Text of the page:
Deborah Cox – Deborah Cox is a Canadian R&B singer-songwriter and actress. Cox began singing for TV commercials at age 12 and performed in nightclubs as a teenager. She entered the music industry as a backup vocalist for award-winning artiste Celine Dion, eventually releasing her self-titled debut album in 1995. In 1998, she released her sophomore album One Wish featuring the hit single “Nobody’s Supposed to Be Here.” The song spent eight weeks at #2 on the Billboard Hot 100 and held the record for the longest-running #1 single on Billboard’s Hot R&B/Hip Hop Songs chart for 14 weeks. In 2004, she made her Broadway debut in the Elton John musical Aida to critical acclaim. In 2007, she released her latest Grammy nominated album Destination Moon, a tribute to jazz singer Dinah Washington. Deborah will also be releasing a new album in spring of 2008.

Davell Crawford – Davell Crawford, an all-around musical sensation, is one of New Orlean’s most exciting live performers whose music combines jazz, gospel, funk, soul, and R&B. Performing since the age of seven, Crawford has enjoyed a widely acclaimed career as a pianist touring throughout the U.S. and internationally. Chosen as a Louisiana Cultural Ambassador and the grandson of legendary Sugar Boy Crawford, he has released his fourth CD at the young age of 22. His music has been featured on many noteworthy compilations with piano and organ work by some of the greatest players to come out of roots music. Crawford has also worn the hat as producer, producing several CD’s and tracks for artists such as Marva Wright and Kipori Woods. He also has worked Stephanie Mills, John Boutte, Ruth Brown, Silvia Arsujo, Jimmy J. Johnson, Tracy Nelson, Anders Osborne, The Wild Magnolia, and Rockin Dopsie.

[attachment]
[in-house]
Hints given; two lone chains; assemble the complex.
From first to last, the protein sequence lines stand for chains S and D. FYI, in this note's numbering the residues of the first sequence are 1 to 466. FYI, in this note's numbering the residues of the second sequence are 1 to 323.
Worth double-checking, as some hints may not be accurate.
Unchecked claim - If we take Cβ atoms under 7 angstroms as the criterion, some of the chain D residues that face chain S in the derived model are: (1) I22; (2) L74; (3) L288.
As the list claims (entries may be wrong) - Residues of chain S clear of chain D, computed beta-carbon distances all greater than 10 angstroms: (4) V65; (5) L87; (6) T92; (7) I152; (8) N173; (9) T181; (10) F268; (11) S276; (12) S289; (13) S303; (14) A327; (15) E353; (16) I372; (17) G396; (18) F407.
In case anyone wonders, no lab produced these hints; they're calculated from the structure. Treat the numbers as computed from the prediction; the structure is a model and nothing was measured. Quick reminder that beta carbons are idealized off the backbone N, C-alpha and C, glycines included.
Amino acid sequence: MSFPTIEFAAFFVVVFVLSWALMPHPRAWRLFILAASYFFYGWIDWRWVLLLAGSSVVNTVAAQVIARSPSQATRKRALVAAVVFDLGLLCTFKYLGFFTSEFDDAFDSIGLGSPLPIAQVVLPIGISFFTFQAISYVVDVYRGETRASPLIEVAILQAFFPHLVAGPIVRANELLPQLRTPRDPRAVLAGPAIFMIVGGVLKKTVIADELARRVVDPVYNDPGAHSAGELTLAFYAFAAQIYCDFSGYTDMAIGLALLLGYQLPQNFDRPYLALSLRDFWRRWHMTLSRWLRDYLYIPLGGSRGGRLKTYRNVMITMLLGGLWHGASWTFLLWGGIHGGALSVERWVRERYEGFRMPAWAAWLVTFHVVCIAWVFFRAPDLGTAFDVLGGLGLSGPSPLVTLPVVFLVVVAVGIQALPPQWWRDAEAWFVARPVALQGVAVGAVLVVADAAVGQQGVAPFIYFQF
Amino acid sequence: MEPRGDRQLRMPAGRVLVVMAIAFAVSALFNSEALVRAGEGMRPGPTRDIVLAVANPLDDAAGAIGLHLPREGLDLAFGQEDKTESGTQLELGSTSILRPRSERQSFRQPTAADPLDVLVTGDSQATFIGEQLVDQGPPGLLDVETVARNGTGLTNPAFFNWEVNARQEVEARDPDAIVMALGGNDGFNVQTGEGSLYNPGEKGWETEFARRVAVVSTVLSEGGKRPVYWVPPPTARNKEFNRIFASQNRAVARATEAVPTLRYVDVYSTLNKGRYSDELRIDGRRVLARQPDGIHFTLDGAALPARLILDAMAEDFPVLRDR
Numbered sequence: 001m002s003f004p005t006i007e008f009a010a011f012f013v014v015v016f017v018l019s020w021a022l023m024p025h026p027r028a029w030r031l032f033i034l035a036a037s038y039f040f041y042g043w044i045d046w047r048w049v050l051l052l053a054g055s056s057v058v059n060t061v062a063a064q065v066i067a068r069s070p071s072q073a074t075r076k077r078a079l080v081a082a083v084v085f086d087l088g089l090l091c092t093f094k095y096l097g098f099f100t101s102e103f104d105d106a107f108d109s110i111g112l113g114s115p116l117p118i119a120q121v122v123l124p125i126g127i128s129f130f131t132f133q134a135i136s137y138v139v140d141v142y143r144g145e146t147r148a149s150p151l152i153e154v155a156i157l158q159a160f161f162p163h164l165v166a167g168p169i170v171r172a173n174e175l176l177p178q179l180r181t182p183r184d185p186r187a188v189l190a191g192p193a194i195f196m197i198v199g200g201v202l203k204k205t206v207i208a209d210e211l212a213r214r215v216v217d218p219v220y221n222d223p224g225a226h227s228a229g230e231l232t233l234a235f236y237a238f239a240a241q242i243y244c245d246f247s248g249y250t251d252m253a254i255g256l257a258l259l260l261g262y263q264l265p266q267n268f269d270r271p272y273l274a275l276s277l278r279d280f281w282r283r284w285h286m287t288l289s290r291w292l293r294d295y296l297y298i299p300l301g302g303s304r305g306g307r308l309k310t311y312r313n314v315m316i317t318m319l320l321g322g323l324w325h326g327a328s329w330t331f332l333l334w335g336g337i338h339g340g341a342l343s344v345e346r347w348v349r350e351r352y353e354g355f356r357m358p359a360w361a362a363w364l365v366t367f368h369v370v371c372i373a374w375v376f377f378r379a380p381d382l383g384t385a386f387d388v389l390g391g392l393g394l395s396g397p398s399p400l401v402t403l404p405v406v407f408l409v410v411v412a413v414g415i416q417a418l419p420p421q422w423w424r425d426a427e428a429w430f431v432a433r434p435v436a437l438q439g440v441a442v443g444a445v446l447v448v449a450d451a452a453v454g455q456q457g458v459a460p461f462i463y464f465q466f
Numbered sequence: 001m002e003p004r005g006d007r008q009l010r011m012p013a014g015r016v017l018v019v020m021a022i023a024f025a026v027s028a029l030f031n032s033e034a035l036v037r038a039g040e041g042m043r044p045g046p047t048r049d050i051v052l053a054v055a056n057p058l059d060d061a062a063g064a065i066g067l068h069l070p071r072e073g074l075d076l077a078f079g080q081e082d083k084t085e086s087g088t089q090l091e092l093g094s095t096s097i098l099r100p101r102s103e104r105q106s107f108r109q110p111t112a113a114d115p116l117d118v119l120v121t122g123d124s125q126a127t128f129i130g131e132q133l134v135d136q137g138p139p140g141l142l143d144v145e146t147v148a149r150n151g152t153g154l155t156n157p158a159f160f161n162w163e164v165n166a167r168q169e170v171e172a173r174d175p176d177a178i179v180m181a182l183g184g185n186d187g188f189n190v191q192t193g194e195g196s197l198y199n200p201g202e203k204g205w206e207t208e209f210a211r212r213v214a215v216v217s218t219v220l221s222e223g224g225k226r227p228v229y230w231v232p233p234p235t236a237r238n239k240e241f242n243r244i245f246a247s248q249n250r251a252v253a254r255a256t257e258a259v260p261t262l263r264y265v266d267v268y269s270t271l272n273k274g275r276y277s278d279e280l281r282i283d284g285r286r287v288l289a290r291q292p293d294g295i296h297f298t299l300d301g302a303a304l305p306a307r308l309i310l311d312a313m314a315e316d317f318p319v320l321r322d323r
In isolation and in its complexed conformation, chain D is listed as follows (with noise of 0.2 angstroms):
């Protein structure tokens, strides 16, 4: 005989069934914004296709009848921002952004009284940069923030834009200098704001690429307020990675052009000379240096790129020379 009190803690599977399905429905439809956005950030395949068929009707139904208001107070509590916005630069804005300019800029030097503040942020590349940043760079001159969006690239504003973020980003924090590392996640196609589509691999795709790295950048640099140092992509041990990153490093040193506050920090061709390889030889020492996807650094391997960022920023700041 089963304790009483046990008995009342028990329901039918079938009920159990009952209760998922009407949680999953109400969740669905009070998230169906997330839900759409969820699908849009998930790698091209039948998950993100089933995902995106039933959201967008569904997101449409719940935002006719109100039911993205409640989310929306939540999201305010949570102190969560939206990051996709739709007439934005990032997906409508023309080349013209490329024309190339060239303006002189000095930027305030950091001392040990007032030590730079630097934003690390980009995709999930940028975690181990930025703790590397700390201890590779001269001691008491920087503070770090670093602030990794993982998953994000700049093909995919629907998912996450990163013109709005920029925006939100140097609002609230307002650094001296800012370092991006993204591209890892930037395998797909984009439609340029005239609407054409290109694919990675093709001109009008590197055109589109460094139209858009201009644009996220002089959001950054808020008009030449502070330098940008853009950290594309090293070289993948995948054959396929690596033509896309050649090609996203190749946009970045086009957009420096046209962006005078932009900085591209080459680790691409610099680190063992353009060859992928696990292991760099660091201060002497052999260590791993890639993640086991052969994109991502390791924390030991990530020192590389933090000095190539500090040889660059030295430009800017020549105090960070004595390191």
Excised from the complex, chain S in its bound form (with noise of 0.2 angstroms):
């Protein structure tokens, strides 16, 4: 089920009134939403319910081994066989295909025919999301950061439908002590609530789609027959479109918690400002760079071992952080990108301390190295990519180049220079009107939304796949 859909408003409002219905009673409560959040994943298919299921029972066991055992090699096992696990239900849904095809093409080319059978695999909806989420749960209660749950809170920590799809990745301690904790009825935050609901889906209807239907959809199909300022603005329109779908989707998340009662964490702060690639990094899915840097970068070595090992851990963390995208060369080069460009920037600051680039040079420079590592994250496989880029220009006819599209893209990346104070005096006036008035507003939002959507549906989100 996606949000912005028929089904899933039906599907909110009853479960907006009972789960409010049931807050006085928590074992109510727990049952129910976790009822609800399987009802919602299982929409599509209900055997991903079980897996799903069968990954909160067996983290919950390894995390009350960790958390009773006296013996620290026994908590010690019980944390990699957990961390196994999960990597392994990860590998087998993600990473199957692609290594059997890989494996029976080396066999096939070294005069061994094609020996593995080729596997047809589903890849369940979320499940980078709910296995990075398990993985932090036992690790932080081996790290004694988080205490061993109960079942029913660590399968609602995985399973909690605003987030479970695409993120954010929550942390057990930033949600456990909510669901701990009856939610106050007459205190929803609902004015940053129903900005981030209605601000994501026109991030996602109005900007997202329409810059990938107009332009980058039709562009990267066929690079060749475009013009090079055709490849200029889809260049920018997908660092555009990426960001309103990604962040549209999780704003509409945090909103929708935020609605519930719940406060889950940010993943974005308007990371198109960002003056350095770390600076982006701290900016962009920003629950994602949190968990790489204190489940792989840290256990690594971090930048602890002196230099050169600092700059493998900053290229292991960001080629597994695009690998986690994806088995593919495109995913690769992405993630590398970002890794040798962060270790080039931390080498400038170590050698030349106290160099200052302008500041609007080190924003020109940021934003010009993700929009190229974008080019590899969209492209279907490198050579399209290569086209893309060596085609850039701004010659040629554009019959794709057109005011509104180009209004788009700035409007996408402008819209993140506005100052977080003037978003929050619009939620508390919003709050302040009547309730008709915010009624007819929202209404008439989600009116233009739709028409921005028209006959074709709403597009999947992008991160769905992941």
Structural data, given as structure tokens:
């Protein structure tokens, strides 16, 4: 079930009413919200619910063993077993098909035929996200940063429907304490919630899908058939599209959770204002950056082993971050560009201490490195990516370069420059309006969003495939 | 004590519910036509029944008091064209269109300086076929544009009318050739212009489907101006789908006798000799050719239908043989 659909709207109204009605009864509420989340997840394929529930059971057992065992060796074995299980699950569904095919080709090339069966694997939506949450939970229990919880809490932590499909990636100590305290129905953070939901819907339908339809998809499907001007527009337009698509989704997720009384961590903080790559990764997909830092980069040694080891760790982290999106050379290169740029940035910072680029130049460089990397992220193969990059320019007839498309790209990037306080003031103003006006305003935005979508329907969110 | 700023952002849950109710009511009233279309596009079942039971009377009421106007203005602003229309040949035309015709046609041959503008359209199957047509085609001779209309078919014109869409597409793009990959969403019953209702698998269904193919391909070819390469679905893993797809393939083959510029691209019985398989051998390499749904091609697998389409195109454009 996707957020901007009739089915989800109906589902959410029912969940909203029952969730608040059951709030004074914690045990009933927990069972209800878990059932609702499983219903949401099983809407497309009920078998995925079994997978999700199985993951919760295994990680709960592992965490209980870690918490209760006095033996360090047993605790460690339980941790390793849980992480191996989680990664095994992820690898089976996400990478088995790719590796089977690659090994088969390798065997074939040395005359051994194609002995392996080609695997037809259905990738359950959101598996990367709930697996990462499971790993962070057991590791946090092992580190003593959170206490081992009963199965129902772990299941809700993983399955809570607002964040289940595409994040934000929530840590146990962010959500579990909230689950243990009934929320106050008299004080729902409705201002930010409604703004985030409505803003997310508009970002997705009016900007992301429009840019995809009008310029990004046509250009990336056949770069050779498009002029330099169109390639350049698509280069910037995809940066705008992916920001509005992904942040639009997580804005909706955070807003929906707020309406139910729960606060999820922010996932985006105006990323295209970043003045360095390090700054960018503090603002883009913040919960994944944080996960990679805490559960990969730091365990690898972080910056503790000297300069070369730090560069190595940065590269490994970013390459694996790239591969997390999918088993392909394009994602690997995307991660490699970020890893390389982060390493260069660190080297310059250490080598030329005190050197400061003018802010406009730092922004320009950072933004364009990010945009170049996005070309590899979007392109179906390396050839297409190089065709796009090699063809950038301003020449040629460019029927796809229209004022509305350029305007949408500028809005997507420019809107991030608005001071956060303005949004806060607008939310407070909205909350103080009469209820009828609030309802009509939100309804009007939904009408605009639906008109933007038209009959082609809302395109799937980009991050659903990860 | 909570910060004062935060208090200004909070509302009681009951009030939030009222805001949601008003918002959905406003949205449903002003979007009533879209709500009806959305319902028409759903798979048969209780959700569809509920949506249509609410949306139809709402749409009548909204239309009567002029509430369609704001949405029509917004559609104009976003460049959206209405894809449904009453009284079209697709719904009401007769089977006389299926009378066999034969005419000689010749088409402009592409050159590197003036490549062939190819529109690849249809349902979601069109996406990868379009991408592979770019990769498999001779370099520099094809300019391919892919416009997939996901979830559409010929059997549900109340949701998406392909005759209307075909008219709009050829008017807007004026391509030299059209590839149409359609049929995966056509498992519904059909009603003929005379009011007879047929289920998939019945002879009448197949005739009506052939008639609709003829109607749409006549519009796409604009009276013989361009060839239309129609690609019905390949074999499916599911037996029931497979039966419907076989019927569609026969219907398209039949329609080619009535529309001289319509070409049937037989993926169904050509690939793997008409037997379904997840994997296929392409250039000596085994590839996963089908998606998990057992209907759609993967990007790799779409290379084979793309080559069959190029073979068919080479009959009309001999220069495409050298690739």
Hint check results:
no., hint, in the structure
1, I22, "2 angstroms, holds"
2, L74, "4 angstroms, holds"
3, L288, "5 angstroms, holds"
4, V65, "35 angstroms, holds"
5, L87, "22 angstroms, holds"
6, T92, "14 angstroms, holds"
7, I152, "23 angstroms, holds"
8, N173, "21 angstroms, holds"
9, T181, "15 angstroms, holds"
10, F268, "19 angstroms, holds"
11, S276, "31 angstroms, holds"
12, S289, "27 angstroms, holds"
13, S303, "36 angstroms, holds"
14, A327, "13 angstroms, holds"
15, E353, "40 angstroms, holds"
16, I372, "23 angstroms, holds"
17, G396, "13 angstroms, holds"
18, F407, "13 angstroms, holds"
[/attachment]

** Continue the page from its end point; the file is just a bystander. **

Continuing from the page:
Jonathan Dubose - Jonathan DuBose. is one of the most respected and renowned artists and producers in the world. Dubose frequently peforms with the legendary New Orleans vocalist and musician, Harry Connick, Jr. and has had the distinct honor of headlining on Mr. Connick’s “Songs I Heard” 2002 world tour. Dubose’s musical riffs can be heard daily on radio and seen weekly on local, national and international television. Born in Bridgeport, CT and self-trained at the early age of 8, Dubose gained experience by performing with his father, Jonathan, Sr., in his quartet group the Sensational Starlights of Bridgeport. He then began to perform and record with gospel greats such as, Walter Hawkins and the Hawkins Family, James Cleveland, James Moore, Albertina Walker, Bebe and Cece Winans, Yolanda Adams, and Beverly Crawford, among others. His musical talent has even been featured on R&B artists’s albums including Angie Stone and Mary J. Blige recordings. Dubose is celebrated internationally as well with guitar performances that have marked him for greatness such as the (1985) performances with the Hawkins Family Tour, (1996) NBA Championship with Harry Connick, Jr.; (2000) Elizabeth Taylor’s ABC TV Special; (2001) U.S. Open – Men’s Final; (2002) NBA Season Opener and return of Michael Jordan at Madison Square Garden with Branford Marsalis and Harry Connick, Jr. Mr. Dubose has recorded 4 CD‘s which are entitled: “The Healing of the Hymns,” “Quiet Times Vol. 3,” “Releasing the Spirit” and “Expect the Unexpected” under his label “JoBo Records” along with a book entitled “Roots, Branches and Vines” and “The Prophesying Guitarist DVD.” Dubose is preparing to release his latest CD this year.